IDS working papers;255

Microfinance impact and the MDGs : the challenge of scaling-up

Published on 1 January 2006

This paper concerns the potential for microfinance to make a difference in achievement of the
Millennium Development Goals. It recognises that microfinance can contribute to several MDGs but
that to do so in ways that make a real difference would involve a significant scaling-up of microfinance
service provision. Herein lies the challenge. The expansion of developing country microfinance services is
increasingly driven by commercial investors who do not usually assess Microfinance Institution (MFI) performance
according to MDG criteria. At best, they will use some fairly loose ‘social’ criteria often borrowed
from the corporate social responsibility literature; or they may refer, usually without precision, to
a double bottom line of financial and social performance. These have little or nothing to do with
achievement of the MDGs. As the empirical material presented makes clear, MFIs that do not deliberately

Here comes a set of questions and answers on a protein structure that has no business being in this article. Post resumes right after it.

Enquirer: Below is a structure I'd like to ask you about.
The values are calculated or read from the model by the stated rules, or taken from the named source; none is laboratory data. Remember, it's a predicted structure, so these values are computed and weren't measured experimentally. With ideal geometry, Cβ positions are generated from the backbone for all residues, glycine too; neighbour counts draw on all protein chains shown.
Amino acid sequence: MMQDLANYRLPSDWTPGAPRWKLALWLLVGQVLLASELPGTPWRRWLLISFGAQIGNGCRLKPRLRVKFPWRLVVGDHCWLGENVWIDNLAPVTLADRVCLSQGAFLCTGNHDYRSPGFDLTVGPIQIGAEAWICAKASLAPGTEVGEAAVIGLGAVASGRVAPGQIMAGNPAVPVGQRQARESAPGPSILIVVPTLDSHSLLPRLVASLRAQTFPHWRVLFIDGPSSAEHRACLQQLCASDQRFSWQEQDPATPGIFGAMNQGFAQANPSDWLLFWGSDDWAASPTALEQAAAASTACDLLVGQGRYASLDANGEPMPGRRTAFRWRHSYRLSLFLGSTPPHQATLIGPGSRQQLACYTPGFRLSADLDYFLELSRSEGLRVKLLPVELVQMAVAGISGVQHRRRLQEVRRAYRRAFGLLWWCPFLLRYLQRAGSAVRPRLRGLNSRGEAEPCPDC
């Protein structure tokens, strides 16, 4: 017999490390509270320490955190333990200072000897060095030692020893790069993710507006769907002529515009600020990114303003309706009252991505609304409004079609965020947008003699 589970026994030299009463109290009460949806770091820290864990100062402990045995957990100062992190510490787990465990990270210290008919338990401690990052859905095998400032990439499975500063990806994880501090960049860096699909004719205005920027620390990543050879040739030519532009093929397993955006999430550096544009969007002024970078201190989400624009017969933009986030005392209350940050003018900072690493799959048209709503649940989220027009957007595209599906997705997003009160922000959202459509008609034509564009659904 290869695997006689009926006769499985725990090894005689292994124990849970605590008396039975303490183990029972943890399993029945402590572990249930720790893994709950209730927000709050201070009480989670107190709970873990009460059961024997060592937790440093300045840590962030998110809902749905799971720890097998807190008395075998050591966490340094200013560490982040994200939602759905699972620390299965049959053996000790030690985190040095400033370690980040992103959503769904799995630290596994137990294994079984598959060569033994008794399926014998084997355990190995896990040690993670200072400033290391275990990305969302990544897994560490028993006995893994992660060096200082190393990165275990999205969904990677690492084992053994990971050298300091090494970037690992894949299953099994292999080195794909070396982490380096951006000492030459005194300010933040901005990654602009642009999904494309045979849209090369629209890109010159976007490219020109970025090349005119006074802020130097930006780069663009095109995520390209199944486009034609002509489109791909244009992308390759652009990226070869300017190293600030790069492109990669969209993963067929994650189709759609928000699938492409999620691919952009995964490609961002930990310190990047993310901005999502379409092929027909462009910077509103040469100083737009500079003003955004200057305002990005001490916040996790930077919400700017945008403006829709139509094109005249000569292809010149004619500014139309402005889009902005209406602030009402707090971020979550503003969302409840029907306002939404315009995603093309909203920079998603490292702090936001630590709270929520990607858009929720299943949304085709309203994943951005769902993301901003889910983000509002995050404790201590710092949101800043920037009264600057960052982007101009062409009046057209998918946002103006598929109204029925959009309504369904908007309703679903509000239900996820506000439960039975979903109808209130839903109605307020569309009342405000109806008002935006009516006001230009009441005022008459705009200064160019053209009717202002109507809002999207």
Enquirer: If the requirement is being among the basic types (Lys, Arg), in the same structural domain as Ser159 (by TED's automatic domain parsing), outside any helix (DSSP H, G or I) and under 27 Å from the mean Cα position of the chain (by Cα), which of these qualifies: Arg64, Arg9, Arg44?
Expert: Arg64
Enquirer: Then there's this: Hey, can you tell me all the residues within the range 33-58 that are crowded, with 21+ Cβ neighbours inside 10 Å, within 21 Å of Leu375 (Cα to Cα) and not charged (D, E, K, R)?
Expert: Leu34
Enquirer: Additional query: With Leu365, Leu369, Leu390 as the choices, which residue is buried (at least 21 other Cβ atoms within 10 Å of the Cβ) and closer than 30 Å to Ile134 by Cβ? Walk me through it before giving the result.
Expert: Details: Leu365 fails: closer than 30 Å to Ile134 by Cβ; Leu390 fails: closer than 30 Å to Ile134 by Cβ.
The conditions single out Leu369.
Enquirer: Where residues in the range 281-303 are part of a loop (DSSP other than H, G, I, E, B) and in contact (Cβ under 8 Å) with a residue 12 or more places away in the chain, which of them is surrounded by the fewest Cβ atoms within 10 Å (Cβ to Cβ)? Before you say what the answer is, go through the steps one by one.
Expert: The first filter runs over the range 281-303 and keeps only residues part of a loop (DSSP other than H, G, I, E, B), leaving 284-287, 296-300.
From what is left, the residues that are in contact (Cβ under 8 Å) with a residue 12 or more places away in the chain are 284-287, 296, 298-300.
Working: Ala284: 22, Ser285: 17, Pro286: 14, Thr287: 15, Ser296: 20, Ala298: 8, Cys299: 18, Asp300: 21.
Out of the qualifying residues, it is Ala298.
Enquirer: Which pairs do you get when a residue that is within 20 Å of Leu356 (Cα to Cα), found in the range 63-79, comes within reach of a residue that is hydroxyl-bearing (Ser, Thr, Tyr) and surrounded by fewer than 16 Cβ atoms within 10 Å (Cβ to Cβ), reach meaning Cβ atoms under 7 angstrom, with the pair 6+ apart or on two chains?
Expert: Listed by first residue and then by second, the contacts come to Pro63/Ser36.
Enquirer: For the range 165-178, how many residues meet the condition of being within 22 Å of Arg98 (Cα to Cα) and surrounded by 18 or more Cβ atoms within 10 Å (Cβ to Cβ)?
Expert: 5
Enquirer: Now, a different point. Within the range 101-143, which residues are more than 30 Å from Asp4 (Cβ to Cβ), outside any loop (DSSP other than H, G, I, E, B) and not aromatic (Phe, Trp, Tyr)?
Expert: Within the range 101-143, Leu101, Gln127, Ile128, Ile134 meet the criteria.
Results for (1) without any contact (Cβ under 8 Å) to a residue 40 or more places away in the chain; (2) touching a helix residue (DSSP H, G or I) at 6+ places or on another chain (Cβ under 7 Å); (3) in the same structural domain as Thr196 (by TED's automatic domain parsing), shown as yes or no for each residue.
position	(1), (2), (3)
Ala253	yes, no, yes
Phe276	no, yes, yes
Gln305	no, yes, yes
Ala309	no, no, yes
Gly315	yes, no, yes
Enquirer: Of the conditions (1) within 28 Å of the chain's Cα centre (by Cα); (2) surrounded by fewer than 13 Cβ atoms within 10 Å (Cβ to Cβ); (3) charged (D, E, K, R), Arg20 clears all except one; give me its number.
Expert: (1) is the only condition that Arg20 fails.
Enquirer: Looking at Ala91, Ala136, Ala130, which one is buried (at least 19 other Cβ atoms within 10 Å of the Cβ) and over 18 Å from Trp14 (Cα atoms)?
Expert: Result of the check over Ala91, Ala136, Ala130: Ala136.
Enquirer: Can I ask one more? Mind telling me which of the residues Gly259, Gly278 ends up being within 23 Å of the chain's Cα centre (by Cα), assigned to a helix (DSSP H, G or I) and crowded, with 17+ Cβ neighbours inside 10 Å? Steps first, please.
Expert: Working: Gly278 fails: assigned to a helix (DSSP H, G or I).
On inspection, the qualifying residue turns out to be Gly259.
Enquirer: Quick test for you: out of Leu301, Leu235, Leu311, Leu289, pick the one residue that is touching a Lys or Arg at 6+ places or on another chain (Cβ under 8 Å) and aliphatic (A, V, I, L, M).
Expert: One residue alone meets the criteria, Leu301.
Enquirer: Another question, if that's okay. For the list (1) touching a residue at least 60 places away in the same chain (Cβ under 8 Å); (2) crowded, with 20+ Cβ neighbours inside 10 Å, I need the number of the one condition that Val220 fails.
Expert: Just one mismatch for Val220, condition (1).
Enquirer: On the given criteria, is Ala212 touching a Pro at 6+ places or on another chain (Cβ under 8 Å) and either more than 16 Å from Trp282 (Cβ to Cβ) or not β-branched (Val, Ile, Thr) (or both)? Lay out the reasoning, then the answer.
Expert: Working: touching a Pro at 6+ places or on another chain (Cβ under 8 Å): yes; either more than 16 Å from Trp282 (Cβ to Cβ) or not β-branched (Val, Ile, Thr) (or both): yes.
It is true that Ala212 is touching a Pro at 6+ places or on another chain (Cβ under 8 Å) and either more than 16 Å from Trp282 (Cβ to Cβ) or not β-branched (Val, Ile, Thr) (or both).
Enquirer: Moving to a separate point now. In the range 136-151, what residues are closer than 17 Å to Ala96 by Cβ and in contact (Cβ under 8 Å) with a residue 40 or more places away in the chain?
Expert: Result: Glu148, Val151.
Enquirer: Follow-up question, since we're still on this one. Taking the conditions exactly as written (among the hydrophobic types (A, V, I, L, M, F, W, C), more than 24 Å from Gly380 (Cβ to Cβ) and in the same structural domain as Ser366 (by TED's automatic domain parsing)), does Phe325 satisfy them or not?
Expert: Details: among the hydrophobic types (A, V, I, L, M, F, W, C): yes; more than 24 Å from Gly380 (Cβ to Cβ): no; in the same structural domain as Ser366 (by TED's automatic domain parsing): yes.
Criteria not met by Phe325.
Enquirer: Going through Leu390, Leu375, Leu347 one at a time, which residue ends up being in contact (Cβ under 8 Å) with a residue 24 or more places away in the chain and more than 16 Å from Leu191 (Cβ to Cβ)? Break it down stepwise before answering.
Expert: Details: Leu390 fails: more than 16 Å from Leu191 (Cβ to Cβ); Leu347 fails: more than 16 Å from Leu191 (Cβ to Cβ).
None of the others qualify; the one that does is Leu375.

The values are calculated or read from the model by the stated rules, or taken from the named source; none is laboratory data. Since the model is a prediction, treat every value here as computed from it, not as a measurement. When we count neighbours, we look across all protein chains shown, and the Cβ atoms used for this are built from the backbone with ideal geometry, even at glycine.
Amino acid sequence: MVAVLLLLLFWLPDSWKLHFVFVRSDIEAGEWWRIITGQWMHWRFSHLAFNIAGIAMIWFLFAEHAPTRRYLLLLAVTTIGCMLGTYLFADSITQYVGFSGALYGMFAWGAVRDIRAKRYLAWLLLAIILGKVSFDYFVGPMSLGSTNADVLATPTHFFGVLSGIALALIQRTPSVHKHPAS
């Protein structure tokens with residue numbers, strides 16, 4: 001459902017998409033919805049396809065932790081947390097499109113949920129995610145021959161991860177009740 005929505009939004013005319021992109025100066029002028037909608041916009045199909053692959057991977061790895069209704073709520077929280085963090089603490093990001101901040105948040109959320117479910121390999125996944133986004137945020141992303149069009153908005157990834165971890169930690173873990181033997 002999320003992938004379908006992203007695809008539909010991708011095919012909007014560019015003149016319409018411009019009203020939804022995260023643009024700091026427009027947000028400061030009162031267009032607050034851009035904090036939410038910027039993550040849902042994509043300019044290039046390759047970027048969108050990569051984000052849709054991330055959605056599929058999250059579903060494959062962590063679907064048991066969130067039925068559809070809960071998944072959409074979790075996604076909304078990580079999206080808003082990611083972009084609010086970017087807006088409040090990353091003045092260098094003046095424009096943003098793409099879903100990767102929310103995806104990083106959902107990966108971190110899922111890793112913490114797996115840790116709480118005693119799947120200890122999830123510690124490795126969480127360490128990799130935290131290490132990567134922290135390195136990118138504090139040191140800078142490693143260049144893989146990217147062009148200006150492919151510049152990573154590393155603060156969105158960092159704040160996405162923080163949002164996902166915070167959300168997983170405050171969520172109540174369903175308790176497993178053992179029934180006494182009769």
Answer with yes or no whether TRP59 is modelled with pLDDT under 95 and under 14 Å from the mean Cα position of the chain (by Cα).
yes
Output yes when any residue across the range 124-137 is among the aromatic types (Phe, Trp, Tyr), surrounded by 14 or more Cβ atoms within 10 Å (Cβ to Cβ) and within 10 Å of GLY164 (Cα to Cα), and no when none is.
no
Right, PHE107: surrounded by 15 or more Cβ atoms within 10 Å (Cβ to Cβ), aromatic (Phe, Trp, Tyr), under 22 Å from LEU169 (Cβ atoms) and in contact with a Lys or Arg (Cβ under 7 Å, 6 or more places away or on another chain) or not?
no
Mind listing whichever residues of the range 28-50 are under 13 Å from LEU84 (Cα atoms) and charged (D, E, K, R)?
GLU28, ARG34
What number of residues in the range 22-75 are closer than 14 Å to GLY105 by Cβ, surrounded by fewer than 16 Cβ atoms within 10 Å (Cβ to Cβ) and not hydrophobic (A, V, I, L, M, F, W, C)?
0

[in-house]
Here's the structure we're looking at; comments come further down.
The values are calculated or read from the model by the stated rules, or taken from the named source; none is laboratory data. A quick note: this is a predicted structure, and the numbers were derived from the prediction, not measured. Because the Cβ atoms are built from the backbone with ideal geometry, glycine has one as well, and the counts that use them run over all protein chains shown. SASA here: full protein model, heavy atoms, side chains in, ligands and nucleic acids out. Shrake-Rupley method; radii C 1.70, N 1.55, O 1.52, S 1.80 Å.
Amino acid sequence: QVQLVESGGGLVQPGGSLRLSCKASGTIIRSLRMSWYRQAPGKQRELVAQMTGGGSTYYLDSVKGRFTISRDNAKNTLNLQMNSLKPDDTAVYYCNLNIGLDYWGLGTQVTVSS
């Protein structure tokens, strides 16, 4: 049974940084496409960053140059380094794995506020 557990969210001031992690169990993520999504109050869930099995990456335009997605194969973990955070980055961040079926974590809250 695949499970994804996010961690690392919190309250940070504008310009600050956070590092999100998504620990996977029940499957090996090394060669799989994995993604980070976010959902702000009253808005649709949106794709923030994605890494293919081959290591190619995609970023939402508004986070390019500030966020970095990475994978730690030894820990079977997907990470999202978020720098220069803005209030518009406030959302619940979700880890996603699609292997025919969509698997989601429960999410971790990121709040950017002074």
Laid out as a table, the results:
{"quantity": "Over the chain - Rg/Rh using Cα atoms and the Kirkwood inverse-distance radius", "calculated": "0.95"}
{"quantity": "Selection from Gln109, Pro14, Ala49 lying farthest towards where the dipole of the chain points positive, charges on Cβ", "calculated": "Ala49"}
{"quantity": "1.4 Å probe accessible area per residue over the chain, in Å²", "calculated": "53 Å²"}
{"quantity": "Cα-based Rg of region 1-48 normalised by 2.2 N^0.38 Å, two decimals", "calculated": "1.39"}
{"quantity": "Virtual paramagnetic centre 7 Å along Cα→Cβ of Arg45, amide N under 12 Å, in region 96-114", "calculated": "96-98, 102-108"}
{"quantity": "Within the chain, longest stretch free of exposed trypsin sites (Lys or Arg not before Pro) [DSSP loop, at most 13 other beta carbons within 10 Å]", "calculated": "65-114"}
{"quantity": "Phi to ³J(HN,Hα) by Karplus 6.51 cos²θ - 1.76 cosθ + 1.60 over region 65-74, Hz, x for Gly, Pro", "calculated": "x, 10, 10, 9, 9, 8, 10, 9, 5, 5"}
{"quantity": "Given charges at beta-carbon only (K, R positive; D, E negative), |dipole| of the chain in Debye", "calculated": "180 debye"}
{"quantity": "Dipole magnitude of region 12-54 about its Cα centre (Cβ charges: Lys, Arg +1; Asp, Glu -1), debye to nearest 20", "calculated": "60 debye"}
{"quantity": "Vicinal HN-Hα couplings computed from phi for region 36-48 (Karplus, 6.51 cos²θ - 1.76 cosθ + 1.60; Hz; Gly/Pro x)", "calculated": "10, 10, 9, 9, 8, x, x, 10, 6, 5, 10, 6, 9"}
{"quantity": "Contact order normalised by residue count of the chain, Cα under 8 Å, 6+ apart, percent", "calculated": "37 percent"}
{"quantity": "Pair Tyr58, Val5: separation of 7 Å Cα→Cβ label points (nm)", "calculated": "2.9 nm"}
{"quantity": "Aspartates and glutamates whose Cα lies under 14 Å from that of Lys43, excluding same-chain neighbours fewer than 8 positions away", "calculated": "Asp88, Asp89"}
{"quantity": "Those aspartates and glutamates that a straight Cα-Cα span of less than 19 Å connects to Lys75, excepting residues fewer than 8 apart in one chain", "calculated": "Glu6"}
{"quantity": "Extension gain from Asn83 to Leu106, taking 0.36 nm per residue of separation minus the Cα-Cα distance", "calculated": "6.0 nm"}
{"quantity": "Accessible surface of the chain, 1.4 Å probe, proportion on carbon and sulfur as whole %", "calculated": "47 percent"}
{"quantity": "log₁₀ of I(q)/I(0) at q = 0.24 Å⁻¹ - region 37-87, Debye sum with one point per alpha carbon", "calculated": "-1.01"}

and rigorously target poor households are unlikely to make any difference to MDG attainment.
MFIs with a social mission focused on poverty reduction (MDG1) face a genuine difficulty. To expand
coverage of poor households, they generally need to seek financial support, usually in the form of loans
or equity. Their difficulty is that they face a serious risk of ‘mission drift’, concentrating on achieving an
outstanding financial performance, which is necessary anyway and especially if they wish to access commercial
funds, and neglecting their social mission. In other words, commercial funding may mean less
attention to poor households in microfinance service delivery. The challenge for the industry is to manage
scaling-up without losing sight of its social purposes. The paper argues for client-level assessment
by MFIs that can both ensure that poor households are targeted and that microfinance impact on their
poverty status can be monitored. Developing a social performance monitoring system based on client
assessment is the principal way in which MFI impact on the MDGs can be established and maintained.
Keywords: microfinance, poverty, Millennium Development Goals, scaling-up, social performance, targeting,

Publication details

published by
Greeley, Martin


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